Vancouver Olympic puck nets $13,000 at auction
But collectors have.
A jersey worn by hockey player Sidney Crosby during a Team Canada game against Switzerland at the 2010 Winter Games has now sold for $35,100.
A puck from the overtime period of the gold medal hockey game is now in an Ohio resident's hands at the cost of $13,113.13
A tray that held the medals presented to the gold-medal winning women's hockey team sold for $5,000.
"To see the amount of bids on there per item and then the closing bid prices, it's certainly surprising to see in a very positive way," said Dennis Kim, director of merchandising for the Vancouver Olympic organizing committee, known as VANOC.
In addition to pucks and podiums, VANOC is using the online auction site eBay to sell artwork, replica tickets, mascots and even copies of their pitch book, including one signed by CEO John Furlong.
It went for $677.
"People really don't want to let go of the memories of the Games," said Kim.
For Olympic collectors, having such bounty so easily available online ends the era where they'd travel the world in search of artifacts from the biggest sporting festival in the world.
"The people who will buy the competitors' bibs and the medal trays and those types of museum-type objects are serious collectors," said Craig Perlow, who has been collecting all manner of Games materials since the 1976 Games in Montreal.
"They are not your casual collector who wants to buy a five-dollar pin on eBay. If those kinds of serious collectors can have more access to serious kinds of items, I'm all for it."
But with rapid access comes much higher prices.
Those looking to snap up pieces of 2010 Olympic history shouldn't necessarily view it as an investment, said Marc Juteau, president of Classic Auctions, a Quebec company that specializes in hockey.
"There's really big hype created right around the time of the event and as the hype goes down, the interest from other collectors goes down," he said.
"People are not ready to pay the same kind of money again a few years later."
In March, his company sold a signed puck from the legendary 1980 Olympic hockey match between the U.S. and the Soviet Union, known as the Miracle On Ice.
The puck was the one used to score the goal tying the game at the end of the first period. The U.S. went on to win the match 4-3.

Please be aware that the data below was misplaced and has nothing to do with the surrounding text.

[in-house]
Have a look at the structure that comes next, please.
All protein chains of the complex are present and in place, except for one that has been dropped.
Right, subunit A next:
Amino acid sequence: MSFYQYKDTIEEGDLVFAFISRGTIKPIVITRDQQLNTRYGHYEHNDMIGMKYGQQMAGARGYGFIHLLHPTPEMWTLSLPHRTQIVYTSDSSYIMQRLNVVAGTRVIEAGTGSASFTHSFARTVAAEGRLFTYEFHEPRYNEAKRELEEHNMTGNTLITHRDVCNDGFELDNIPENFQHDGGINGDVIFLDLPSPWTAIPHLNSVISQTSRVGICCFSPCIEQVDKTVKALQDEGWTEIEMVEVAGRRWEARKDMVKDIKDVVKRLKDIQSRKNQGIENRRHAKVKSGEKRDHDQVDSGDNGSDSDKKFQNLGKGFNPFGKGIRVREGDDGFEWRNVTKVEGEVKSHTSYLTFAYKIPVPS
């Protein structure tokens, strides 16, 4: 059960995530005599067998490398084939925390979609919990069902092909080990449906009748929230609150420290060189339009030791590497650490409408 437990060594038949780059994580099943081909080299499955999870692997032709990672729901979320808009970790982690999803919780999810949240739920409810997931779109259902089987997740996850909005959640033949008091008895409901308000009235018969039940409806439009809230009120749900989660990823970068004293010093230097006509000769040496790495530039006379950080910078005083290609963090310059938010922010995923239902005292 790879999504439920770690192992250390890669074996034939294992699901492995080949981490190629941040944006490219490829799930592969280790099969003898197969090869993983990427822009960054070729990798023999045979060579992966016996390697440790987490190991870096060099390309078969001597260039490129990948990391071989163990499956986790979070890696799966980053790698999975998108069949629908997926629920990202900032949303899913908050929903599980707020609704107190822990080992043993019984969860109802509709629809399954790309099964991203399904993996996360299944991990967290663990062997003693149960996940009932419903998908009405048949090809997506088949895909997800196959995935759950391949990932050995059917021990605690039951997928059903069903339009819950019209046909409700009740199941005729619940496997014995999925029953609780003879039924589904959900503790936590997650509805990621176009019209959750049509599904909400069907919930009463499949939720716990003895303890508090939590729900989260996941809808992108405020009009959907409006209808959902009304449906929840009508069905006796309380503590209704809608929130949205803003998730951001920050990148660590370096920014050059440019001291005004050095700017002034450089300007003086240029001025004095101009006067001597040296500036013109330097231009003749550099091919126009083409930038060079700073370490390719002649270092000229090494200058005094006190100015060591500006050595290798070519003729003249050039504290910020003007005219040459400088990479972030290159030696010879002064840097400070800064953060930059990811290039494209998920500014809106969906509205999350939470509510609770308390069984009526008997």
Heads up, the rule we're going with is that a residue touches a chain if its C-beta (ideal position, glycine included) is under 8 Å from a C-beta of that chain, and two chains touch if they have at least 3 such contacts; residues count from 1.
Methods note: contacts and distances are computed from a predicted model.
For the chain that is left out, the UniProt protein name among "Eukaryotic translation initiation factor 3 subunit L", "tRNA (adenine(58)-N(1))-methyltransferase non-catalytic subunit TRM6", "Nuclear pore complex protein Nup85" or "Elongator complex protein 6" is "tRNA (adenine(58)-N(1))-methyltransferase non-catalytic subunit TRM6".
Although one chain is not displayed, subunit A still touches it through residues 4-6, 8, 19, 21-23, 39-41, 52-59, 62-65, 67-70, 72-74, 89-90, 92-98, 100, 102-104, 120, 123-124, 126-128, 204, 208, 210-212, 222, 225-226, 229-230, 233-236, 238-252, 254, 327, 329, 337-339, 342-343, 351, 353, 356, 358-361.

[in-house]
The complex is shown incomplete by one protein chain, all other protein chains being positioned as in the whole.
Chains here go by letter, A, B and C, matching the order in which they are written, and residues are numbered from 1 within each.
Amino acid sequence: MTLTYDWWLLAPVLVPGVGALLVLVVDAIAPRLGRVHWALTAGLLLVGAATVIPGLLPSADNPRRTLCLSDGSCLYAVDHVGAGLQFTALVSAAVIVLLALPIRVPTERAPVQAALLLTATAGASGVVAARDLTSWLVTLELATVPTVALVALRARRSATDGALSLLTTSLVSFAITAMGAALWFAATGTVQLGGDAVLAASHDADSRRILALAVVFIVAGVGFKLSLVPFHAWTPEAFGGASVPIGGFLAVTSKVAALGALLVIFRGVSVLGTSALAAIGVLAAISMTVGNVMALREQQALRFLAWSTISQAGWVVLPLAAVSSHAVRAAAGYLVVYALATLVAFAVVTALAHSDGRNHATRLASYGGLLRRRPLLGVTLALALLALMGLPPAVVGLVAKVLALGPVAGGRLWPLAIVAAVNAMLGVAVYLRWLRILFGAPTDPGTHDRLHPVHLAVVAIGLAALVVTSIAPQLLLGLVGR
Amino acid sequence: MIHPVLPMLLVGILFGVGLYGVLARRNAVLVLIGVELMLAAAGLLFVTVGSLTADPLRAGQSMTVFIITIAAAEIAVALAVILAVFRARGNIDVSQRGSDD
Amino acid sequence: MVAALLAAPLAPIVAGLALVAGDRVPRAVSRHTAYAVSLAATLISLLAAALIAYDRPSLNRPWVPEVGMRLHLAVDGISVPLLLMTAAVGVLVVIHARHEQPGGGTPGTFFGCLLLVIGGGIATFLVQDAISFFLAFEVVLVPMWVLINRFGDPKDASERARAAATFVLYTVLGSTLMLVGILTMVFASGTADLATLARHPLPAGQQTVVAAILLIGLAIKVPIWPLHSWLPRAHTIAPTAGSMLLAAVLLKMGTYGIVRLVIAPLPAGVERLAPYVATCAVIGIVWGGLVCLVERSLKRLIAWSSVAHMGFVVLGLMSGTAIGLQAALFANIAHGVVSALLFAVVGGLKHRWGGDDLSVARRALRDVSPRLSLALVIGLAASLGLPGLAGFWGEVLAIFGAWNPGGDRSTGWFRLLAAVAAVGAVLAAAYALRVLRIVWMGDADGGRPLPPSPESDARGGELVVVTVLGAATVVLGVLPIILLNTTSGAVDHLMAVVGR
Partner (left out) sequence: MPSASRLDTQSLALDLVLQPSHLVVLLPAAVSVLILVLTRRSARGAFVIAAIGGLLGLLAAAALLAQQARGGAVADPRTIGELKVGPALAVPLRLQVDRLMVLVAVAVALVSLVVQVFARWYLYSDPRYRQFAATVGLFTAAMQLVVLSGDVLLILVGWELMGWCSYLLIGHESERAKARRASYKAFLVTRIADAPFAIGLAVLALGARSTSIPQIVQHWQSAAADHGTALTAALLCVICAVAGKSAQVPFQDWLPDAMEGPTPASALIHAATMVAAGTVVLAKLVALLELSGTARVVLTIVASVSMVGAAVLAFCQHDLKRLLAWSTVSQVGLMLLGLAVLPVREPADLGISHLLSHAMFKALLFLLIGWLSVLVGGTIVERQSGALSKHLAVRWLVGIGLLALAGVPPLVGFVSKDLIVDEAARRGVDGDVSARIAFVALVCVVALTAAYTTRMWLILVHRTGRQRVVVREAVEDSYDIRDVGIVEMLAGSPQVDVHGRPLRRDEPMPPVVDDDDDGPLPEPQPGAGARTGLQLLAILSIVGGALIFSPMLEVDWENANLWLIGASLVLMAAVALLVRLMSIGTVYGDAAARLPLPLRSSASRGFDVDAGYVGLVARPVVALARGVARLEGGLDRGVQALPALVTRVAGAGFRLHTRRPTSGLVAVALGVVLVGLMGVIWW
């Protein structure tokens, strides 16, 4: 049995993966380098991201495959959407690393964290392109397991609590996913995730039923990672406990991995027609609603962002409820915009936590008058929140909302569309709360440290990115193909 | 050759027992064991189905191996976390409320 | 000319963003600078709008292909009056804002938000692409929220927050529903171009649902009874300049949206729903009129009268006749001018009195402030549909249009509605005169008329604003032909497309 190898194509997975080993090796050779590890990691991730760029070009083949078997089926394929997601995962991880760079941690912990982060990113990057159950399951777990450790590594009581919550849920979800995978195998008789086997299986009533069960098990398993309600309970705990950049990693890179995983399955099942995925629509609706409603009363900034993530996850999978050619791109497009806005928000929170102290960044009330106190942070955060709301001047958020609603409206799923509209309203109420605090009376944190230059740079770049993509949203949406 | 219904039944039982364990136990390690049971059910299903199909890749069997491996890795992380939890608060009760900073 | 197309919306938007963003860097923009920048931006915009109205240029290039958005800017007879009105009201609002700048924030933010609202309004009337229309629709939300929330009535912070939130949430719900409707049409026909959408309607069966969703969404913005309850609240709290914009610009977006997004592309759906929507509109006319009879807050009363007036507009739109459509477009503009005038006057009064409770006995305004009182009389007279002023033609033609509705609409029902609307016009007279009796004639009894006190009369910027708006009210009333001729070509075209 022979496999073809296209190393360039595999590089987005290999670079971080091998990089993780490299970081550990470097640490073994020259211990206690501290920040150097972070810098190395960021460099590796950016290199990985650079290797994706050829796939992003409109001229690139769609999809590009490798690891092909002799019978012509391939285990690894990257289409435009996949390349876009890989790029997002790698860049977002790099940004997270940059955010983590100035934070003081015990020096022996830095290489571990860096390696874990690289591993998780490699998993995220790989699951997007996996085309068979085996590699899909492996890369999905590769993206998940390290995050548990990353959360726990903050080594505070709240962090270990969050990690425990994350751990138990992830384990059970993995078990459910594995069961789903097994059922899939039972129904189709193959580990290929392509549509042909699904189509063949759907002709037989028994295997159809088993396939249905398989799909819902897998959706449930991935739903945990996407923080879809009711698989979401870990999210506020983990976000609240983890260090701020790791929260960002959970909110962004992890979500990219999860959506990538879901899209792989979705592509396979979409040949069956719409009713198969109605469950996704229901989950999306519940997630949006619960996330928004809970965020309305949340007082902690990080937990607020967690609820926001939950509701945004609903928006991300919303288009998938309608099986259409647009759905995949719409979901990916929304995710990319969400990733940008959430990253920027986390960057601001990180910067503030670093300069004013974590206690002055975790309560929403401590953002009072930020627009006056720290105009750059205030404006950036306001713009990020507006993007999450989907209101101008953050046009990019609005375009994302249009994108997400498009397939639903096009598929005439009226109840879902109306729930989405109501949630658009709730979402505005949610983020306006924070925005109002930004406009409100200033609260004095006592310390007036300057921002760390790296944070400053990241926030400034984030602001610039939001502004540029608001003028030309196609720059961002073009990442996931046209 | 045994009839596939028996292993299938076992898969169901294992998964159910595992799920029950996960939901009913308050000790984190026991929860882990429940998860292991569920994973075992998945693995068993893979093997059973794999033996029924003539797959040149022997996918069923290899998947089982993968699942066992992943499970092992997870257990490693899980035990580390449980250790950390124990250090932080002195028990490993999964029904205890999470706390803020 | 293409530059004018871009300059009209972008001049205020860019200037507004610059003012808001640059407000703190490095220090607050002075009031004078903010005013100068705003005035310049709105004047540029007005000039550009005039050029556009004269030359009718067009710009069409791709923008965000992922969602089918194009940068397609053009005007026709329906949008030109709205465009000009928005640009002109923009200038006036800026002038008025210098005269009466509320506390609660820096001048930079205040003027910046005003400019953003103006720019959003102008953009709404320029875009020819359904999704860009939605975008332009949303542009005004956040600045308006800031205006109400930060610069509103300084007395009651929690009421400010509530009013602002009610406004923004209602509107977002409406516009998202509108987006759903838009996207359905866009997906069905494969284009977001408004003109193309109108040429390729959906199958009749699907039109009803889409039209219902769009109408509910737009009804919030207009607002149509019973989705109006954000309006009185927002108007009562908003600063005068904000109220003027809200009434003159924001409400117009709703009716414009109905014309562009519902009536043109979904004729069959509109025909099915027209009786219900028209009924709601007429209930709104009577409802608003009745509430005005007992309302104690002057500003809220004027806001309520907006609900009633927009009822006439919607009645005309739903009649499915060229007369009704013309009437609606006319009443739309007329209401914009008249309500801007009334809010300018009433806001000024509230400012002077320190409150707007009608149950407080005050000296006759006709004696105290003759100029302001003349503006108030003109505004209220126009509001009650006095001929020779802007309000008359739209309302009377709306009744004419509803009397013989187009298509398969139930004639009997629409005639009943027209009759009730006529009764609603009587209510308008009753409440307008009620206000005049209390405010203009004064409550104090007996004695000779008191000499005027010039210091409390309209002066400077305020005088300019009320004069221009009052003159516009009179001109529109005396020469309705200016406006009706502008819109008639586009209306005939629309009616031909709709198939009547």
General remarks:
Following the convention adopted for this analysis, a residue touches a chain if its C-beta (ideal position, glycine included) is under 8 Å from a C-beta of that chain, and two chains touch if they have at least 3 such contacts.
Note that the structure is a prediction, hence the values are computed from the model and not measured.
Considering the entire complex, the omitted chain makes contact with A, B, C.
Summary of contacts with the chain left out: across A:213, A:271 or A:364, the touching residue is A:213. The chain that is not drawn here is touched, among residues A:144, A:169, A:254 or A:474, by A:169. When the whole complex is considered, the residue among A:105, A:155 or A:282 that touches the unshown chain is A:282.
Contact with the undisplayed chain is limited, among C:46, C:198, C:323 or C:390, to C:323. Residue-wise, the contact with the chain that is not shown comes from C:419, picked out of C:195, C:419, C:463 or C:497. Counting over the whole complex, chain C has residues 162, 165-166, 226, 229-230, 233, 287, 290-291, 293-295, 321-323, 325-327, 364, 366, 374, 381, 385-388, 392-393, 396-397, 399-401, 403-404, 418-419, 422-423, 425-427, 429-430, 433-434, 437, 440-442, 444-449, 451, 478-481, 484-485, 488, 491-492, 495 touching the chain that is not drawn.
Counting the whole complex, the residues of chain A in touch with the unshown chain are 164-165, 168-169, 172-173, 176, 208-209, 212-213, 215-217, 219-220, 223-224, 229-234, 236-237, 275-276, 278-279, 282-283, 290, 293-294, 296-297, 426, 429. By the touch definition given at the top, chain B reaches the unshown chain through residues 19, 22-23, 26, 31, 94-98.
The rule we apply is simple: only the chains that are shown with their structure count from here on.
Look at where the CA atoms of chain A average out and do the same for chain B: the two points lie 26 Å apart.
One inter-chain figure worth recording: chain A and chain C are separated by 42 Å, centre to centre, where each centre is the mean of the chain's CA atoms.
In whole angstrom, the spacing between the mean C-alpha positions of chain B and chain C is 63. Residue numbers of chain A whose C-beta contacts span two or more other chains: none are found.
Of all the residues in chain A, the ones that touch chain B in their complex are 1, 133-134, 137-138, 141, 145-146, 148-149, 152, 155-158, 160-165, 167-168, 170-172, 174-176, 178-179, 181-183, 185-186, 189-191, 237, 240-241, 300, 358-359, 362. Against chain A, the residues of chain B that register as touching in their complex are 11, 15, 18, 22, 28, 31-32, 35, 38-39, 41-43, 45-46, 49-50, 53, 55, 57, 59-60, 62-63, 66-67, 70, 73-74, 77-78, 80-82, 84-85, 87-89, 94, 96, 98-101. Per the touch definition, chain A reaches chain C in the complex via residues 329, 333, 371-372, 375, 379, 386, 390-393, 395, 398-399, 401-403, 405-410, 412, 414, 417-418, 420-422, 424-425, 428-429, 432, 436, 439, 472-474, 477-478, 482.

The puck, which came framed with documentation, photographs and other tokens from the game, sold for $13,915.
Juteau said the price for Crosby's jersey was a good price but noted that game-worn jerseys from Wayne Gretzky and Bobby Orr have sold for close to $100,000, he said.
The scope of VANOC's auction builds on the success that 2008 Olympic organizers had selling of thousands of items from the Beijing Games, but the concept of Olympic auctions isn't new.
Organizers of the 1996 Games in Atlanta held a series of public auctions of everything from telephone systems to volunteer manuals.
"Ultimately, the Olympic Games are a business enterprise and obviously most businesses like to finish in the black," said Perlow, who lives in Georgia.
"This is going to help VANOC finish in the black or blacker than they would have finished before."
Olymphiles usually focus their collections, whether it's items from a specific Games or a theme, like tickets or posters.
Rarity helps push prices up, so the advent of mass online sales can be a hindrance, said longtime collector Bob Christianson.
There's also the difference between what an Olympic collector is willing to pay and what a sports fan will pay, he said in an interview from his Florida home.
"They've come into the Olympic end of the hobby from baseball or other older established collectible areas of sport and in their mind they make the jump that this stuff should be that valuable," he said.
"The die-hard collectors are usually more patient and don't jump at the first opportunity to buy something."
Whenever someone asks him for advice on how to become a collector, Perlow has a simple suggestion.
"Enjoy yourself, collect the memories because ultimately that's what these objects are going to represent to you," said Perlow.
"But don't spend a lot of money."